Development of Zero-Liquid Discharge Freeze System to Remove Dissolved Salt from Contaminated Water

Management of waste water is a challenging issue in many municipal and industrial sectors. The oil and gas industry produces a massive amount of waste water during production. The production of one barrel of oil results in approximately nine barrels of water that is contaminated with salt, heavy metals, and organic compounds. The development of methods for cost-efficient disposal and re-use of produced water without damage to the environment is a critical need for the oil and gas industry. Also, re-use of the water for agricultural purposes will be helpful because the agricultural sector is a primary consumer of increasingly scarce freshwater (accounting for 63% of U.S. surface water withdrawals, according to the U.S. Geological Survey).

Researchers Discuss Equipment with Assistants Castillo Alejandro and Aly Elhefny

In this project sponsored by the US Department of Energy, Drs. Shabgard, Cai and Parthasarathy are working on the development of a novel, zero-liquid discharge freeze system to remove dissolved salt from contaminated water. Freeze-desalination processes are well suited for these situations because pure ice crystals can be produced even in highly concentrated brine. However, current freeze-desalination technologies have some deficiencies that hinder their widespread use. A new method of eutectic freeze desalination will be used with a cooling approach that maximizes efficiency. Thus, the need for energy-intensive evaporation methods is avoided. The density differences between water, ice, and salty brine are used to separate the components. The system will operate under atmospheric pressure and be capable of treating highly concentrated/contaminated water. If successful, the treated water will be suitable for agricultural use, providing an abundant new water source. The goal is to develop a zero-liquid discharge (ZLD) freeze-desalination system capable of treating water with total dissolved solids (TDS) values up to 250,000 mg/l (milligrams per liter). For comparison, the TDS content of seawater is approximately 35,000 mg/l.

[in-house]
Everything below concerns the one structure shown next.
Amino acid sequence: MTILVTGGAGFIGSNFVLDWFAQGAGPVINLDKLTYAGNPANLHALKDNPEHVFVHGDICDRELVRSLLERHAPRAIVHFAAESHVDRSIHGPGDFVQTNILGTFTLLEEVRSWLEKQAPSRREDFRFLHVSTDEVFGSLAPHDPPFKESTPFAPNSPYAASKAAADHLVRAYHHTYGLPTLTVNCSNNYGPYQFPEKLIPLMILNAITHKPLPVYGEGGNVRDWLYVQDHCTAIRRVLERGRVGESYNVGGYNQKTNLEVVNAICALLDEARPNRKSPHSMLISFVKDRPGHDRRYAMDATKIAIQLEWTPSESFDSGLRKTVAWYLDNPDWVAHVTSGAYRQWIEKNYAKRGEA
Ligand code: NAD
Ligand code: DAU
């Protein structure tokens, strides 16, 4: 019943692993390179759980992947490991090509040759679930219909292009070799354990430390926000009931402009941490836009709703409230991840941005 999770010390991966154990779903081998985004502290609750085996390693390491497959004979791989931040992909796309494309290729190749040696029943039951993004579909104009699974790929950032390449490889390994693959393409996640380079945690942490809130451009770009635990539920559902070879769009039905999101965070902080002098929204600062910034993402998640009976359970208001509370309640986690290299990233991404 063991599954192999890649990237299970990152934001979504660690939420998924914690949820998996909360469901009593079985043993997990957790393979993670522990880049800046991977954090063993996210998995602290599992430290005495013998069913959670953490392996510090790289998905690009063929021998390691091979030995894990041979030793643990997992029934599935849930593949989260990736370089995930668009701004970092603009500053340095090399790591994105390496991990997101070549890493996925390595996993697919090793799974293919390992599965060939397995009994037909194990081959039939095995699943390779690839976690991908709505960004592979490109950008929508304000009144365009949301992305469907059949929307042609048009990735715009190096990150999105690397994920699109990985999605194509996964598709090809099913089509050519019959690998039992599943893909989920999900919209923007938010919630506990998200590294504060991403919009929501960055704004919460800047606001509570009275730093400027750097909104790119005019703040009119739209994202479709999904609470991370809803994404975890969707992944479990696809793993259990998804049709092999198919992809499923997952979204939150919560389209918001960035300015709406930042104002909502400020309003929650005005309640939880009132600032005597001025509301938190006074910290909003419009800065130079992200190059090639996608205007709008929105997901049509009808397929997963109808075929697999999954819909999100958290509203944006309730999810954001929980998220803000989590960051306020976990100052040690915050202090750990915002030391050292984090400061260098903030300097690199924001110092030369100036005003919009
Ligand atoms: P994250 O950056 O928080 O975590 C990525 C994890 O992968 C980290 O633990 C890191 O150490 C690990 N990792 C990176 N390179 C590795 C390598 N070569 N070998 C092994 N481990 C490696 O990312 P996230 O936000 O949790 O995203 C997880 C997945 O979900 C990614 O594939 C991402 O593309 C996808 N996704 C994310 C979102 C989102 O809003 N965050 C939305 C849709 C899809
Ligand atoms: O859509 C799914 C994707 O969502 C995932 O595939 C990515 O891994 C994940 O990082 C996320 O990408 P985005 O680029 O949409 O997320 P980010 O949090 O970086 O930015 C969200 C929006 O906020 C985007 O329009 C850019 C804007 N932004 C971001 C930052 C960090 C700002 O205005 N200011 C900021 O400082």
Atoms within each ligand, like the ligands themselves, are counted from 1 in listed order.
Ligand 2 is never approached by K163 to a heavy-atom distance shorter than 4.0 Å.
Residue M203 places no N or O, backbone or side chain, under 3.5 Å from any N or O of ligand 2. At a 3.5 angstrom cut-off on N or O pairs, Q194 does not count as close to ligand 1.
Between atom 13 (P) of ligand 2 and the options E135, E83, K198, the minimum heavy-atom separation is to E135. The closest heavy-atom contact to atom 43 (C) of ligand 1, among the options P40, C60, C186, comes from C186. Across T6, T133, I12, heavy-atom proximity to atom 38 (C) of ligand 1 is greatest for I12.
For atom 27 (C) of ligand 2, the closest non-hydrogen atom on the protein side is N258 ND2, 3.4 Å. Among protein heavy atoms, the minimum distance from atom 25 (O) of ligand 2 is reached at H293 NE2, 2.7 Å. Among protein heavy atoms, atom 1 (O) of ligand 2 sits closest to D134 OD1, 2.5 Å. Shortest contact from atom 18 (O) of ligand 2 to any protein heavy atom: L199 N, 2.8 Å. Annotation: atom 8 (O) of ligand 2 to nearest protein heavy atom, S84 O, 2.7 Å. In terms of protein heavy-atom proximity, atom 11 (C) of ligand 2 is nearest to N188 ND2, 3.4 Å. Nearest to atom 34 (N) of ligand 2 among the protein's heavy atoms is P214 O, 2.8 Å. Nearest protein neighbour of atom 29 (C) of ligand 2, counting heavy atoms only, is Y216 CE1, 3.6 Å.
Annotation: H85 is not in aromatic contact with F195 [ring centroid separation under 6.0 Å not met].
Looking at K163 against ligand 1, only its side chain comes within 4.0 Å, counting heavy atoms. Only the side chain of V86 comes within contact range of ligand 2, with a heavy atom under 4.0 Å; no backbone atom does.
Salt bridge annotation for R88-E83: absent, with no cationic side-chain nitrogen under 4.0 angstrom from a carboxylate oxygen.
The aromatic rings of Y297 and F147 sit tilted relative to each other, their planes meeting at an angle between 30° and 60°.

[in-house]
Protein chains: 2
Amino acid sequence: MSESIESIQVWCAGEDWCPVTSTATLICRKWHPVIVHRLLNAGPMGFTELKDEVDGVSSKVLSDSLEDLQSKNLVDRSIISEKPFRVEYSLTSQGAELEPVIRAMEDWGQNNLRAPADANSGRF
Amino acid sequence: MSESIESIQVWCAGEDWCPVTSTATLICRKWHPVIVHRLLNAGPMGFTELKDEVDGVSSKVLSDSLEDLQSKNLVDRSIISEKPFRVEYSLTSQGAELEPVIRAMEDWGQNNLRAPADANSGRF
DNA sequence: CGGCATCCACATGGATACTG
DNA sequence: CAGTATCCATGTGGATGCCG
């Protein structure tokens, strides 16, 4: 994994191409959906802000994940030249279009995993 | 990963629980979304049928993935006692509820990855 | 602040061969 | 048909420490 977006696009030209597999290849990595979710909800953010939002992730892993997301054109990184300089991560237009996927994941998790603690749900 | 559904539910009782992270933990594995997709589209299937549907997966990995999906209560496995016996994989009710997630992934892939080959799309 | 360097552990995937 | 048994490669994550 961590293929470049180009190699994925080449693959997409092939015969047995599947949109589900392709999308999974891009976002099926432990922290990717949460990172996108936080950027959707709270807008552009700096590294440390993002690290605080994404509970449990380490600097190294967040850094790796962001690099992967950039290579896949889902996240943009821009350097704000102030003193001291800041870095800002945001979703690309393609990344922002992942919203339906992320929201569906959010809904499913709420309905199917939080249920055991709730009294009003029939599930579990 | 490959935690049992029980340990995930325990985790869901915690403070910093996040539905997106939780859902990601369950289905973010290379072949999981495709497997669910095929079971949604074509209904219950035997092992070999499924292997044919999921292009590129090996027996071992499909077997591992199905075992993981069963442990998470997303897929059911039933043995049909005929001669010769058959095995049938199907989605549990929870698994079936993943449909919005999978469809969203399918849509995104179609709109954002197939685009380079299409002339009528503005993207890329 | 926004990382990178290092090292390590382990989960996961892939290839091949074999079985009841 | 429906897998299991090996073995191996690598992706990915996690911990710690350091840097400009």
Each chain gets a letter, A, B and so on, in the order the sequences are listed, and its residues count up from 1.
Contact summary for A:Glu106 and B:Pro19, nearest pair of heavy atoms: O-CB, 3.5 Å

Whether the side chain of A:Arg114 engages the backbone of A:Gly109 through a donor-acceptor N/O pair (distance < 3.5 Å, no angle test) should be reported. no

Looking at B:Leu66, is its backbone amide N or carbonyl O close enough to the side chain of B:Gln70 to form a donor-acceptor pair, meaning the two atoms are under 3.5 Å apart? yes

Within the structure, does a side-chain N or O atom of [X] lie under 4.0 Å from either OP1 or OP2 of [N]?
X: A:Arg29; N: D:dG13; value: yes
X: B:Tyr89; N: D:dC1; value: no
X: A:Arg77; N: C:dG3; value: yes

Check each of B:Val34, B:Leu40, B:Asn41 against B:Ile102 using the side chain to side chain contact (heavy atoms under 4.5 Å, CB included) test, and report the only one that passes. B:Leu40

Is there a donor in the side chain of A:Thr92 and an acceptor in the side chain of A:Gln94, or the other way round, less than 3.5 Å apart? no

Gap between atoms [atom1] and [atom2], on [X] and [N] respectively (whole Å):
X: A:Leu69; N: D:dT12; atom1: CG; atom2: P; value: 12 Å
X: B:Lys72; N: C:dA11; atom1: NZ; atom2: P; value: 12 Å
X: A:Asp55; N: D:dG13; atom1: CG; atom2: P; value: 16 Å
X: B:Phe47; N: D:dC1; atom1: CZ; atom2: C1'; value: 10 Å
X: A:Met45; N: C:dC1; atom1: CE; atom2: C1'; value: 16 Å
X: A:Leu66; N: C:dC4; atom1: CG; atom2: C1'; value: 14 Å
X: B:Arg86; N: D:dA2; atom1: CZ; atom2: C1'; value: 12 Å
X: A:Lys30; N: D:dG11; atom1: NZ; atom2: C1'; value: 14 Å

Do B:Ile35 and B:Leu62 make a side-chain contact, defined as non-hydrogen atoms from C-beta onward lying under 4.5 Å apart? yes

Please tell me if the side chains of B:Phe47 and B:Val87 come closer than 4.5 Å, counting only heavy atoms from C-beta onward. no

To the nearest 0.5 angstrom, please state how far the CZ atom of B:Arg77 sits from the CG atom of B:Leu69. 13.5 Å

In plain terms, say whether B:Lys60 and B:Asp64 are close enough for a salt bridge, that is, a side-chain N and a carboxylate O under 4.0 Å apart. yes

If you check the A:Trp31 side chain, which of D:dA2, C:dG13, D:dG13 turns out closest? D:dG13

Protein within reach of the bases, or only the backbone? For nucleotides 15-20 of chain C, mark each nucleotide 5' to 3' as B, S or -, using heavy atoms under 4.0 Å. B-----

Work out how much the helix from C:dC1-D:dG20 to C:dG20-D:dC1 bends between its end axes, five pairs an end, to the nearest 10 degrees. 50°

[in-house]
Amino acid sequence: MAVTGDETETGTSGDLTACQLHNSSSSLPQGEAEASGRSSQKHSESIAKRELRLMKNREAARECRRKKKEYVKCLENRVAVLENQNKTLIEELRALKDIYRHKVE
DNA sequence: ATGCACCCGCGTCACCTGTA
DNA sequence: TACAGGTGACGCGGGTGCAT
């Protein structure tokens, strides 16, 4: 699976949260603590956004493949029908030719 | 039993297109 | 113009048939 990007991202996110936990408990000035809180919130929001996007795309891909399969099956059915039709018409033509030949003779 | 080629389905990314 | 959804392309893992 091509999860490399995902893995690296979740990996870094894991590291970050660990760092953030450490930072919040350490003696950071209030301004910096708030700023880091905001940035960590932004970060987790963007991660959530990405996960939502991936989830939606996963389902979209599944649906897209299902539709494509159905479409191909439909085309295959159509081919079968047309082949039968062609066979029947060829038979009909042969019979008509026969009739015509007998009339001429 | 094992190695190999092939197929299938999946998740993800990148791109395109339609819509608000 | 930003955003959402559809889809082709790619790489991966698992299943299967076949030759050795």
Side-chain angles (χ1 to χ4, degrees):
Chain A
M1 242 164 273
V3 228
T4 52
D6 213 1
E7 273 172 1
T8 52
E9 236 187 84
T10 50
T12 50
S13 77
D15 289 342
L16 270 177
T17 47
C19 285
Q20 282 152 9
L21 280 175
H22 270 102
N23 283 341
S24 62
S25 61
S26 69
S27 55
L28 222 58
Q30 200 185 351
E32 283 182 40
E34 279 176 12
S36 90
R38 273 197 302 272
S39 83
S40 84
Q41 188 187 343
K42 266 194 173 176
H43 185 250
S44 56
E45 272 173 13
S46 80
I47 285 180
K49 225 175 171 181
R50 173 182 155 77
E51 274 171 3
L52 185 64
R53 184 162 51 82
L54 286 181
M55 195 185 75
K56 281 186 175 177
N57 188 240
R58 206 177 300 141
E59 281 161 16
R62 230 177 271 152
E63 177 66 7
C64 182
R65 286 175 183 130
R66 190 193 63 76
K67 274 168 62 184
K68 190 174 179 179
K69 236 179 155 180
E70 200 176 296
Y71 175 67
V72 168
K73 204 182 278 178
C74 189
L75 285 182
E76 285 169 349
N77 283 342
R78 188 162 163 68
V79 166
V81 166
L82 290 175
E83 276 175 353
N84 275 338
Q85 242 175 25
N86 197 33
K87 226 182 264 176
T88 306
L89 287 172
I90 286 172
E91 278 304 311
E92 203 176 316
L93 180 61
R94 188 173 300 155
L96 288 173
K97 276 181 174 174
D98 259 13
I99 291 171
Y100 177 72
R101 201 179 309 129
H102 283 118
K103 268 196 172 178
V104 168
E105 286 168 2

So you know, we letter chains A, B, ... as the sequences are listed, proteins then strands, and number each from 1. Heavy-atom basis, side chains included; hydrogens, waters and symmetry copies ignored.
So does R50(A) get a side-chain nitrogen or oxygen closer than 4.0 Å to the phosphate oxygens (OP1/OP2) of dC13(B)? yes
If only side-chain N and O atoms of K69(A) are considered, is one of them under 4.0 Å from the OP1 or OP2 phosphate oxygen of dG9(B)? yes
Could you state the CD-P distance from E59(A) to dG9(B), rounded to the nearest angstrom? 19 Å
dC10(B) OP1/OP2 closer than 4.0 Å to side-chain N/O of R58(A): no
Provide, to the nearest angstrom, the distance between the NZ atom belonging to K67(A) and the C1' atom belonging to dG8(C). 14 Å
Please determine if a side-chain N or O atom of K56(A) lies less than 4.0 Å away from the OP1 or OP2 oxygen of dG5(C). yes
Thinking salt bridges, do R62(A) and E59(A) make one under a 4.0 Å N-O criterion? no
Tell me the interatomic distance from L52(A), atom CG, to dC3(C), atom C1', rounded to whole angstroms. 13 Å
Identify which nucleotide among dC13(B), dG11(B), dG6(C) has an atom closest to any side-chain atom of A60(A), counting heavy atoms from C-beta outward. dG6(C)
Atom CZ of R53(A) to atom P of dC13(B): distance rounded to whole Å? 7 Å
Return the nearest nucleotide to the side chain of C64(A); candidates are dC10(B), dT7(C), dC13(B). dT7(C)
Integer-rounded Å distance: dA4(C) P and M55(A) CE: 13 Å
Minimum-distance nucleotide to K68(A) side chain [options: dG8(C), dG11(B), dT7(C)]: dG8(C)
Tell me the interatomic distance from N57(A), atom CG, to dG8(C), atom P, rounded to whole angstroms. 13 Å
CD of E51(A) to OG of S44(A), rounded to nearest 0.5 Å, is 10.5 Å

The proposed system offers a sustainable solution for the increasing water demand in industrial and oil and gas sectors by recycling the otherwise wasted water, without putting pressure on increasingly scarce freshwaterresources also in demand by local communities for agricultural and municipal purposes. Also, the environmental concerns related to disposing highly contaminated water are avoided by the use of the proposed ZLD desalination system.

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